The assimilation of known gaming rules into the international arena is not a difficult task, as even now the majority of cruise ships that travel around the globe which have onboard casinos adhere to the regulatory standards of the Nevada Gaming Control Board (ICCL, 1999). 2. Should the United States government continue the ban of online gambling in order to protect its citizens, especially minor children, from addition and fraud? The second issue is the notion that legalized online gambling will result in an increase of addiction and fraud.
Those against online gambling argue that online gambling will increase the amount of problems with financially unstable families and lead to compulsive gambling among children. CNN Reporter Laura Farr interviewed a recovering online gambling addict, who stated anonymously, “”There was no boundary between me and what was going on inside the computer screen. I was ill with a compulsion, even though I was losing $5,000 and $10,000 and $15,000″ (Farrar, 2006).
So while there may be some individuals that might fall victim to compulsive gambling online, there ratio may be no greater than gamblers living in areas where it is legal. The reality is that many people gamble as a recreational activity. As stated earlier, most casinos today offer a much wider venue of entertainment other than gambling. Certainly, there are those who solely hit the casinos in search of easy money, but many go for the ambiance and social atmosphere, which is something that an online casino, even if equipped with internet chat protocols, cannot duplicate.
Most people enjoy the culture and character often associated with gambling, especially within the sportsbook and poker circles. These two forms of gambling are unique in that there is great deal more social interaction among the patrons than slots or table games. According to Dr. Fred Krauss of the University of Nevada, Las Vegas, “Patrons of a casino sports book use the environment for much more than the instrumental task of sports betting. It is also a place to congregate with other like? minded patrons and through this process complex interactional dynamics develop over time.
The social world of the sports book emerges in a designated space for the betting act where patrons meet, interact, and establish a culture to which they adhere” (Krauss, 1). Furthermore, according to semi-professional gambler Steve “Phat” Lai, there is a great deal of difference between gambling online and gambling within a casino. Mr. Lai has gambled in a semi-professional capacity for over 15 years and although he will not disclose his overall winnings, he indicated that he has won enough that he must declare his winnings on his income tax return.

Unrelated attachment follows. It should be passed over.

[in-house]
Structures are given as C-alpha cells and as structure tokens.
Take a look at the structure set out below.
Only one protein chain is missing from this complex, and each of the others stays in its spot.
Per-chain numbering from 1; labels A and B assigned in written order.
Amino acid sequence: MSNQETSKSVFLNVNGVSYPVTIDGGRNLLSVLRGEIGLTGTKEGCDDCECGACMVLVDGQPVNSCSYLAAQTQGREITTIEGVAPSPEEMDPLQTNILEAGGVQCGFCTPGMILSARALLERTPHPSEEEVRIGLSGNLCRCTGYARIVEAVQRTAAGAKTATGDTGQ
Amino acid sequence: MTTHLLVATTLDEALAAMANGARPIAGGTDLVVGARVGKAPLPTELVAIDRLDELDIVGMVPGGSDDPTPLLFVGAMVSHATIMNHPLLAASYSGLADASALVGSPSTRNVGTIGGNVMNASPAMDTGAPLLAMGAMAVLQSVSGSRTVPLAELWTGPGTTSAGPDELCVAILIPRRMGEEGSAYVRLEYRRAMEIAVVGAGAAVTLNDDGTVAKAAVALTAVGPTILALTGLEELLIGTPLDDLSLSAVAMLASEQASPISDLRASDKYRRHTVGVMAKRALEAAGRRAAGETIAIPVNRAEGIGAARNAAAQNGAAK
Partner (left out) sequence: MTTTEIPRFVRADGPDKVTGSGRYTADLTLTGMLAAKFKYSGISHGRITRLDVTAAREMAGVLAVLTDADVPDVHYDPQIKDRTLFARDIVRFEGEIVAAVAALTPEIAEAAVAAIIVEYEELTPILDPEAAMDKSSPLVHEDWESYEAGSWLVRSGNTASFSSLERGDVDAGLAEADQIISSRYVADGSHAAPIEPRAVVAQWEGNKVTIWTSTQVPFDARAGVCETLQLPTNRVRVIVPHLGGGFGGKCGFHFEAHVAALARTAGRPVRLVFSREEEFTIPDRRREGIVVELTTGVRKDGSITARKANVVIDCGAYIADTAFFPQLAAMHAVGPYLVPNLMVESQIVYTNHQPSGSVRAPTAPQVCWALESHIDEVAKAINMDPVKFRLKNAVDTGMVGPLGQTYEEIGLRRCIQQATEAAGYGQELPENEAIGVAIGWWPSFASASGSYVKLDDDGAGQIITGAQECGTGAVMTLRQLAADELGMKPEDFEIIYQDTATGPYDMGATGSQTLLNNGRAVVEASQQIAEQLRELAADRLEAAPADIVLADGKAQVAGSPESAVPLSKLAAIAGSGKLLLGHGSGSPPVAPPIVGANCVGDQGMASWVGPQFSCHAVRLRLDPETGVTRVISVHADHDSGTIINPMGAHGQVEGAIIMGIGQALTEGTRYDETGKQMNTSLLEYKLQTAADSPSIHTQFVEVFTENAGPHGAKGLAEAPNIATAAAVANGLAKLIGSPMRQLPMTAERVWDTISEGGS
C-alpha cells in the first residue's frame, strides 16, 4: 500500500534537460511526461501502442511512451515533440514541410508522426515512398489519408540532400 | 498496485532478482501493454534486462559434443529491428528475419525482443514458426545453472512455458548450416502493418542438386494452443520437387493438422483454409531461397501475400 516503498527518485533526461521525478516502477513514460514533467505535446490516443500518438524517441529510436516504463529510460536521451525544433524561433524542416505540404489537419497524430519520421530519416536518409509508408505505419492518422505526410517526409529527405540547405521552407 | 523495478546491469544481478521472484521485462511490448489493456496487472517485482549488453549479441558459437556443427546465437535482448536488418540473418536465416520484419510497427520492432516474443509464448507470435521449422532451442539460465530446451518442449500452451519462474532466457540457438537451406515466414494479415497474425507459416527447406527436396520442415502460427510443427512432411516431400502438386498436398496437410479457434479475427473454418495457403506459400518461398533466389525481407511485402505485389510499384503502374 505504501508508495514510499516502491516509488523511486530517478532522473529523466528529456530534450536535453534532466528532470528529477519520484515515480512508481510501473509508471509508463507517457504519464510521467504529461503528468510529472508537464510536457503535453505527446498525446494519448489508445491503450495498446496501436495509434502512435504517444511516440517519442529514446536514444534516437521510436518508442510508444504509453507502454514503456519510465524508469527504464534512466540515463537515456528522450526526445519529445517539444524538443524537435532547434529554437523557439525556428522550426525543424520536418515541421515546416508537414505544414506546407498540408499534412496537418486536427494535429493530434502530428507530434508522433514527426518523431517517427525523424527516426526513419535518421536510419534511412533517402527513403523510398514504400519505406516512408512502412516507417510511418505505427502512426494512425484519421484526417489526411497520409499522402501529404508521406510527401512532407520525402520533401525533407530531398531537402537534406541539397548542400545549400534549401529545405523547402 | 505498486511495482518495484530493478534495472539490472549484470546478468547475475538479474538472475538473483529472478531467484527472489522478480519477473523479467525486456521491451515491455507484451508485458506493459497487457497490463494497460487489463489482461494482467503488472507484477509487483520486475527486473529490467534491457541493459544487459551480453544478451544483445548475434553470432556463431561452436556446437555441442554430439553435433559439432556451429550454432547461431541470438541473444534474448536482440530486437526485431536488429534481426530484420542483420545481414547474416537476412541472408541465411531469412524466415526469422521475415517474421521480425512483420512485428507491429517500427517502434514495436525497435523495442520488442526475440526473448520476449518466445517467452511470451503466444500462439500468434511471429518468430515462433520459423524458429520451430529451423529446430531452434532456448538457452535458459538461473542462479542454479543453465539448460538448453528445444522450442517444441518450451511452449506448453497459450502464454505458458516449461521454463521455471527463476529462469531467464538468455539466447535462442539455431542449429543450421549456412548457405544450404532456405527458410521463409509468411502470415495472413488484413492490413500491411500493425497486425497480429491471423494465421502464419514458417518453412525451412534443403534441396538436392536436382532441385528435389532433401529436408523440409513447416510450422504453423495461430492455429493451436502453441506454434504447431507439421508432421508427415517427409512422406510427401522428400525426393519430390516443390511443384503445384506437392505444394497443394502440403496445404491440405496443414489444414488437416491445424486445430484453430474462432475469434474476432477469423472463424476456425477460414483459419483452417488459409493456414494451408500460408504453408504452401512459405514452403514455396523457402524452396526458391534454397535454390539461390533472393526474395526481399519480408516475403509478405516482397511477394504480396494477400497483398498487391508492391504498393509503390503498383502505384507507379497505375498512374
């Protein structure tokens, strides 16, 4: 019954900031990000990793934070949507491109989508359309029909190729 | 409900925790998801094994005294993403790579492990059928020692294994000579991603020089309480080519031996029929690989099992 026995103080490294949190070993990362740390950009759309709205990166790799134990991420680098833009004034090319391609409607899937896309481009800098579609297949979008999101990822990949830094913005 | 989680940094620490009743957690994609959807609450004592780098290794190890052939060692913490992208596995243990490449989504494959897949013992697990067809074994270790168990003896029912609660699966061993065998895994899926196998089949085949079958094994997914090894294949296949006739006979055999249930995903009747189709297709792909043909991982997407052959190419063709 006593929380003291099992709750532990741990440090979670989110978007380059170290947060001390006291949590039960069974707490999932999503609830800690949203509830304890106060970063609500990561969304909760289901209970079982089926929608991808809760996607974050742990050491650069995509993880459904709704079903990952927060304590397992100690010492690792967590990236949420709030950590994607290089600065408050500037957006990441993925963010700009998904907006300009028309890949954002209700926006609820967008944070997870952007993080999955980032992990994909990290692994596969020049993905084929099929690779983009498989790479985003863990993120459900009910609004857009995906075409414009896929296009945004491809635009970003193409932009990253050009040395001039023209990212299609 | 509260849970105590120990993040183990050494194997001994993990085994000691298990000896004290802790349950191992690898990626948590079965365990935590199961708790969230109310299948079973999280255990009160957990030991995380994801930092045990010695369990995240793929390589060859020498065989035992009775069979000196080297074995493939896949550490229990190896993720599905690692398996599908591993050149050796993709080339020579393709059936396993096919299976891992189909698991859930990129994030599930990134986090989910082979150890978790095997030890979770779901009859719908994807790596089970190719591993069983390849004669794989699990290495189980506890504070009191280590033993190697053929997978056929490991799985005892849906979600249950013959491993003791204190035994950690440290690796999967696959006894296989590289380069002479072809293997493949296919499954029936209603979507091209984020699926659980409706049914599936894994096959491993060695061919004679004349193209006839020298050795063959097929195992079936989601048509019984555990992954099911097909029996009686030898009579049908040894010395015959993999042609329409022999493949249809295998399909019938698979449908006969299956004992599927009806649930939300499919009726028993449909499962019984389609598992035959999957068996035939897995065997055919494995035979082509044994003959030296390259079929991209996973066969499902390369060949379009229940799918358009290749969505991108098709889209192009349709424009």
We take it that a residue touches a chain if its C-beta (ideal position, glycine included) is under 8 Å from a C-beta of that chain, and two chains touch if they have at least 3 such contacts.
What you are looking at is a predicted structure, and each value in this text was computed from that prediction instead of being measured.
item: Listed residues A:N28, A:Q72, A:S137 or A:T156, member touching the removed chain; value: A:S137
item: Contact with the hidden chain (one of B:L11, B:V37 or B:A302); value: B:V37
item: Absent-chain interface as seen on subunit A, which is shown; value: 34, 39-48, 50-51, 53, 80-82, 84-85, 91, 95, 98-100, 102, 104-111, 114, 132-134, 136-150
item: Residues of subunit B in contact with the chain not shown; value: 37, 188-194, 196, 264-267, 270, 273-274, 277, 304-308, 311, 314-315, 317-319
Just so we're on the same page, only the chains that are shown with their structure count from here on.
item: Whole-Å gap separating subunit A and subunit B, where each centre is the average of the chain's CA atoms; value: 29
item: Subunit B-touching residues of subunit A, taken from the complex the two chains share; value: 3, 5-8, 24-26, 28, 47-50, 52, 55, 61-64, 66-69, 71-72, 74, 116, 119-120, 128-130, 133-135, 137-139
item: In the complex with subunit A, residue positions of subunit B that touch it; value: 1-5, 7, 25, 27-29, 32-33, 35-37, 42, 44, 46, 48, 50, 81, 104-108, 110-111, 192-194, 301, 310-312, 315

“There is a definitely a different feeling between the two. ” he said. “When you’re in the casino, you’re much more aware of the people around you, what they are doing, the overall atmosphere of the place and you are more cognizant of the money you have, and what you can gamble with. I’ve gambled online, too, playing poker and wagering on the sportsbook.
When I’m online, it’s difficult to get a sense of your money because everything is converted to credits; it sort of loses its sense of value. ” Mr. Lai also indicated that although he sometimes played online to kill time or try out a new game, he didn’t particular care for the robotic and mechanical feel of the online casino and added, “The hard part about playing online for any great length of time is that after awhile, it loses its fun value. You feel like you’re just playing another computer game. ” While there will always be a small sector of society that can fall victim to unfortunate circumstances or become addicted, it is highly unlikely that our nation will become mindless drones and wager away their life savings without getting out of their pajamas and slippers.
Additionally, while restrictive regulation may serve a legitimate purpose by protecting players from unscrupulous sites, government as “big brother” watching how you spend your money is not. As far as the concern of children illegally gambling, most online gambling websites require valid and verifiable identification prior to allowing a wager with real money which will preclude casual or accidental forays by minors. 3. Will allowing American citizens to gamble online damage the revenues of current in-state or tribal gaming operations?
Another issue is the potential loss of revenue by land-based casinos and other legitimate state sponsored gambling, such as bingo and lotteries. Just a few years later, it was estimated that the worldwide internet gambling gross revenues totaled $651 million dollars (GAO/GGD-00-78, 5). Although this is a tremendous amount of money, according to the same GAO report, it paled in comparison to $54. 3 billion dollars generated by U. S. based gambling operations.
These were the numbers over 10 years ago. Today, gambling and wagering are bigger than ever with online gambling exceeding “$29 billion in gross revenue (H2 Gambling Capital Consultants, 2010). For the U. S. , there is also much more than just gross and tax revenues generated from casino gambling. There is a huge derivate market, as well. Casinos, especially resort themed casinos, provide jobs and stimulate economic growth within the local community and surrounding area.
Gas stations, nightclubs, restaurants, and retail stores benefit from the increased traffic. They also provide an additional social and entertainment outlet for the surrounding community. Arizona is home to several Native American casinos and a state lottery that draw in millions of dollars of revenue for the state. As demonstrated in the below table, both commercial and tribal casinos are generating an incredible amount of money for the government and their surrounding community.Sample Essay of PaperDon.com